I'll make an assumption here, but it seems to me that you are thinking about your Agile project from a traditional project management perspective, where you focus on layers of work or on work packages that you need to prepare, plan, and then build, with each piece having to be accounted for in the correct place. You are focusing on project work basically. With Agile there is a different mindset, one that places greater importance on the product being built and on delivering value.
If that requires business analyses, architecture pages, functional and technical specifications, etc, then so be it. If not, then not. If some, then some. In other words, each Agile team within its context and domain, decides how to manage things, including documentation or specifications, but truly Agile teams will tend not to have such separations between the different parts of what they are building. As another answer mentions this can cause a separation and introduce obstacles to communication and collaboration while people are busy updating "their documents" and throwing them above the fence to someone else, back and forth.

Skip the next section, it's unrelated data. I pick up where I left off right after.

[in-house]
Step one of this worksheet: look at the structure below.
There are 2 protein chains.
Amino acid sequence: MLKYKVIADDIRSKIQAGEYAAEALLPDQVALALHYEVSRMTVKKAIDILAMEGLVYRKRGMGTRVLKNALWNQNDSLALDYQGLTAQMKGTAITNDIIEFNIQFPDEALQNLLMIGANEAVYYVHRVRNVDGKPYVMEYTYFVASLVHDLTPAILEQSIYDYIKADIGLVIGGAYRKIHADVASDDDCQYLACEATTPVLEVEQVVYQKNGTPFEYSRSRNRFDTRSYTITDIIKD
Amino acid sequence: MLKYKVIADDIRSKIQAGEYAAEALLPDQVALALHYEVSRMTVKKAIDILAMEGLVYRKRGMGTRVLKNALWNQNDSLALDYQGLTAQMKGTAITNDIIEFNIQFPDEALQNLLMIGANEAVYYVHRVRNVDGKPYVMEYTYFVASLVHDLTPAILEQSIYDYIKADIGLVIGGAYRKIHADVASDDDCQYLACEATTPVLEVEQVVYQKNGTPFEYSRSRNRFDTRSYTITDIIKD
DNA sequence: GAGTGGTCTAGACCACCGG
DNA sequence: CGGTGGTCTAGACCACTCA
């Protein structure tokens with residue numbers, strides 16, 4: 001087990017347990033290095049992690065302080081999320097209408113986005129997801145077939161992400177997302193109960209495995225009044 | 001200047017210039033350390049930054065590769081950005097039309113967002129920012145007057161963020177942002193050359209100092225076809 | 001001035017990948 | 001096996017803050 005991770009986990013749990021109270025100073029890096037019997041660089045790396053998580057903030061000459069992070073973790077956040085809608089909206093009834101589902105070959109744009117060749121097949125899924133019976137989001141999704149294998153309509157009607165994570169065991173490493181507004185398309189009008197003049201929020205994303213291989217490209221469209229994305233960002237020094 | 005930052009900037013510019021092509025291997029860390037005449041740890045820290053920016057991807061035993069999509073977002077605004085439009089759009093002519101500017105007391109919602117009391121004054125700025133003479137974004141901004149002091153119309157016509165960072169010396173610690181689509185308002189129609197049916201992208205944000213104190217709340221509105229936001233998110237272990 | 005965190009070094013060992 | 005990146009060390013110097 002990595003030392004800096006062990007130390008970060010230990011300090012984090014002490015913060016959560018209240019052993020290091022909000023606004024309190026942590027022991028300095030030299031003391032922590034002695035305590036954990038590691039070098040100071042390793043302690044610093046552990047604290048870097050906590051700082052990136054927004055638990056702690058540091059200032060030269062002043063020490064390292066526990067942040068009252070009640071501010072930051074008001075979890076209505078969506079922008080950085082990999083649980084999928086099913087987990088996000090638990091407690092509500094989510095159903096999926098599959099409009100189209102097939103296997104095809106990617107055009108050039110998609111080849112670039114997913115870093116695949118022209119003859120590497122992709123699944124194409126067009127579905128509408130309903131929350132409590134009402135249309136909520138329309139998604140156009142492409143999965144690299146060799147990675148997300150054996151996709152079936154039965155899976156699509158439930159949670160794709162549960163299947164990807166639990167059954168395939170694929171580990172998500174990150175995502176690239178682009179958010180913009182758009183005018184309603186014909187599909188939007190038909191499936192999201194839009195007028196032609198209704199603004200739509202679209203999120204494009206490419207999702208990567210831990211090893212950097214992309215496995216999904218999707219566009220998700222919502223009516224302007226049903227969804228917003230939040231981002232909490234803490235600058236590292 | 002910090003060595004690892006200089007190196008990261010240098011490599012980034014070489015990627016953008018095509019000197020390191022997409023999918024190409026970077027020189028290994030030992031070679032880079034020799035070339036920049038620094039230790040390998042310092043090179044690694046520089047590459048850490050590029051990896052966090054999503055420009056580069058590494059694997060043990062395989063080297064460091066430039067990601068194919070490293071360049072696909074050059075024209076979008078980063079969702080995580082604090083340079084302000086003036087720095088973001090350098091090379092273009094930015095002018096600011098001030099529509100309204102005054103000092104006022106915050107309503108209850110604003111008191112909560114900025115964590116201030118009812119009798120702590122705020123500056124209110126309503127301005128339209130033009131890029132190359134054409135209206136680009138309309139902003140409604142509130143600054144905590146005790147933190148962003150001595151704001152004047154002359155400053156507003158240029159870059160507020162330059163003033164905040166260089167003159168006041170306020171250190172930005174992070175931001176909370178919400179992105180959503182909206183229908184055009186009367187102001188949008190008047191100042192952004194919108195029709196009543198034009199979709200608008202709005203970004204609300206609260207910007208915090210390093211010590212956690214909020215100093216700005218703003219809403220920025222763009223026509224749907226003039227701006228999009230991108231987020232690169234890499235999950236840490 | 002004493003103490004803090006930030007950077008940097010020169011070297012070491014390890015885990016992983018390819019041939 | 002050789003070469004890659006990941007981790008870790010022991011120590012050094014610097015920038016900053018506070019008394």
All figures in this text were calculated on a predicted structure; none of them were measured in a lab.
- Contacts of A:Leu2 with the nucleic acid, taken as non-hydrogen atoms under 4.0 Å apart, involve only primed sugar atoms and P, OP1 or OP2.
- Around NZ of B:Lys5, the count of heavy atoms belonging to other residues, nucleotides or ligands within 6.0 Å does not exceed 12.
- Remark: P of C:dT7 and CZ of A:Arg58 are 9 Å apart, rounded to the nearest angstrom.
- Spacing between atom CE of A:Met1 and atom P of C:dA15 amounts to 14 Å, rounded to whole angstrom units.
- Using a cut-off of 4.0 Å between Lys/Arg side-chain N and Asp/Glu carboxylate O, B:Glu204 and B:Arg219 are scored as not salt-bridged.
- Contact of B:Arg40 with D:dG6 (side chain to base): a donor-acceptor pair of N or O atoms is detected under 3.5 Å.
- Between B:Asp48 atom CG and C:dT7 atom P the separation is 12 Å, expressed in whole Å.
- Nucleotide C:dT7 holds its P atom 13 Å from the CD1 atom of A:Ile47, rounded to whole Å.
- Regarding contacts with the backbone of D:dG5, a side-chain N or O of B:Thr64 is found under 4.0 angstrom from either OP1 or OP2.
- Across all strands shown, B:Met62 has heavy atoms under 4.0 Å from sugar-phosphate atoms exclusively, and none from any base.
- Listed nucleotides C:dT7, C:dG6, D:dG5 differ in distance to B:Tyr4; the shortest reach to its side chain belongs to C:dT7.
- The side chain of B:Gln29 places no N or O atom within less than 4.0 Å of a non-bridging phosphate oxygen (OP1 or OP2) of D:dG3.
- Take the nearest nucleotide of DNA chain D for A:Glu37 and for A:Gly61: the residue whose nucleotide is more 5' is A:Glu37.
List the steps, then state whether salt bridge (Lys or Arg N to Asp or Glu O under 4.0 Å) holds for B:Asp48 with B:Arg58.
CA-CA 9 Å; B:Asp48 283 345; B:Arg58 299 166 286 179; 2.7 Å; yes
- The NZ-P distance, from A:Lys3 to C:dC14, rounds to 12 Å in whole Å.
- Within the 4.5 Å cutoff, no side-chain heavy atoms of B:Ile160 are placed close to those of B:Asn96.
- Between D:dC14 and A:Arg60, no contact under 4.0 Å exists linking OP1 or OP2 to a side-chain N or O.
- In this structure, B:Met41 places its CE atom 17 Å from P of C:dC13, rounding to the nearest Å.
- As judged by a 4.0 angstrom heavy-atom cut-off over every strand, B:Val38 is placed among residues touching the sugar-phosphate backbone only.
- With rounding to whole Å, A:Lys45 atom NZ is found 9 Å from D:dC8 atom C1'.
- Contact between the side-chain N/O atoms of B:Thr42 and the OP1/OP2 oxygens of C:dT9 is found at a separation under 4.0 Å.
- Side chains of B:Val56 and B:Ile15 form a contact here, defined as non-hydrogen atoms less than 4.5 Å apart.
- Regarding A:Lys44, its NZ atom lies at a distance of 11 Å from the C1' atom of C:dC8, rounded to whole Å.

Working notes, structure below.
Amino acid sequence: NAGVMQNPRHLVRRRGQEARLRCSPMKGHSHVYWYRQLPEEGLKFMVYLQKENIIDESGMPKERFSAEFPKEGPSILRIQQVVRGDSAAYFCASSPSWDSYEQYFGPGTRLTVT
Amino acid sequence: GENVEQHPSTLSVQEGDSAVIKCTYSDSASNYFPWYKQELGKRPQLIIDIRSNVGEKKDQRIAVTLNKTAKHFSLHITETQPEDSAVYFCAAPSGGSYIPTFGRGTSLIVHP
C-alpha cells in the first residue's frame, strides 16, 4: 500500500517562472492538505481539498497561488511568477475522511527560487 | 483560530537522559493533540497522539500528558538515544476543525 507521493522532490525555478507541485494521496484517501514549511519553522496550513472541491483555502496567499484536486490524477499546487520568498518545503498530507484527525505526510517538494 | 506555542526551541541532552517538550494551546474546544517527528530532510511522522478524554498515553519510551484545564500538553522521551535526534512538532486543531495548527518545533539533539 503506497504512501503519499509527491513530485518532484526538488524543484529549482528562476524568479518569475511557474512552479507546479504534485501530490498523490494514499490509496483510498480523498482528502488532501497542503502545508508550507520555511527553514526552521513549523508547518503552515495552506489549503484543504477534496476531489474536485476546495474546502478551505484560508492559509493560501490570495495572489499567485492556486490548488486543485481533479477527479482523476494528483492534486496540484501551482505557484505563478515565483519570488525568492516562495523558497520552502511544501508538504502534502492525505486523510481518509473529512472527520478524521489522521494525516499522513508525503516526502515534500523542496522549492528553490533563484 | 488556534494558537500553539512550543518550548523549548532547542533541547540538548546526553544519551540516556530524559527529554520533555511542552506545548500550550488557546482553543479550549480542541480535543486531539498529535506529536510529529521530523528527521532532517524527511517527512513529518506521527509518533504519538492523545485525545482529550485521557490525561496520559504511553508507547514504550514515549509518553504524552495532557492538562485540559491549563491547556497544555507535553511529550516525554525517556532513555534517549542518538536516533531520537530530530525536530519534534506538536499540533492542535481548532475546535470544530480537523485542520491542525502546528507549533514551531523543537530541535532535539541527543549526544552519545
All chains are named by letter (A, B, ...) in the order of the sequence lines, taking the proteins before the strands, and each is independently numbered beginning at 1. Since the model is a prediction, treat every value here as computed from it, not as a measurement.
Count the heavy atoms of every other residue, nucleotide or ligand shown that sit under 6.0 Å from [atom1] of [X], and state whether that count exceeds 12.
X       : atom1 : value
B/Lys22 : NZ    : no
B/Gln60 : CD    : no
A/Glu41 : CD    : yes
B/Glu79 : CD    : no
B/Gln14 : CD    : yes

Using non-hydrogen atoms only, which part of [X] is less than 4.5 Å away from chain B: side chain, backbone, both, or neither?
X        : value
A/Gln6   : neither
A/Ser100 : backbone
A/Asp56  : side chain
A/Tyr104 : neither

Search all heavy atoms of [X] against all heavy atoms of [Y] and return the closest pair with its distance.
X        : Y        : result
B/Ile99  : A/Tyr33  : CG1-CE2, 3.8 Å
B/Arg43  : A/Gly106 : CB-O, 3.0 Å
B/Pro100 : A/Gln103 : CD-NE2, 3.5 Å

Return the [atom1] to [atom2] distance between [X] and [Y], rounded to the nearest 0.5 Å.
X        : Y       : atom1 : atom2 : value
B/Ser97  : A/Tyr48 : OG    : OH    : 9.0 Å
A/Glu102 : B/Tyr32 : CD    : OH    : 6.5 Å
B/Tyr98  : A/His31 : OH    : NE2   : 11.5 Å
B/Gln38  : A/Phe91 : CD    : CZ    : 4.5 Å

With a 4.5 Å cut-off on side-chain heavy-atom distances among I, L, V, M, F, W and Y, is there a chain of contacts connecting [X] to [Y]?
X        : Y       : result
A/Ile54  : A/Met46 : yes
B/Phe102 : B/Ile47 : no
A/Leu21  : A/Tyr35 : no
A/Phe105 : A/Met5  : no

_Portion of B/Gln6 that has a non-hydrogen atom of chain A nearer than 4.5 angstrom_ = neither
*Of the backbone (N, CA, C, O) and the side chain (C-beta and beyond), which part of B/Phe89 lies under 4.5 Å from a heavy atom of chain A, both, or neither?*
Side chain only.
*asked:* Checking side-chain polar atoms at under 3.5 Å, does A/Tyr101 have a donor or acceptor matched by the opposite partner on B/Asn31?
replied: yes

In Agile, you choose an incremental and iterative approach and build small features that need to contain all things needed for people to understand what they need to build. And these things tend to stick together with the feature instead of being expressed as sections of different larger specification documents. In Agile you build products from items in a product backlog, not from specifications (at least not heavyweight upfront written specifications as traditional project management is accustomed to).
So if you are looking for a standard project structure, then at best that will be a properly refined and maintained product backlog and people work from the top of that. Otherwise, there isn't a standard one. Agile teams are self-organizing and self-managing and decide for themselves how to structure things in order to reach their goals.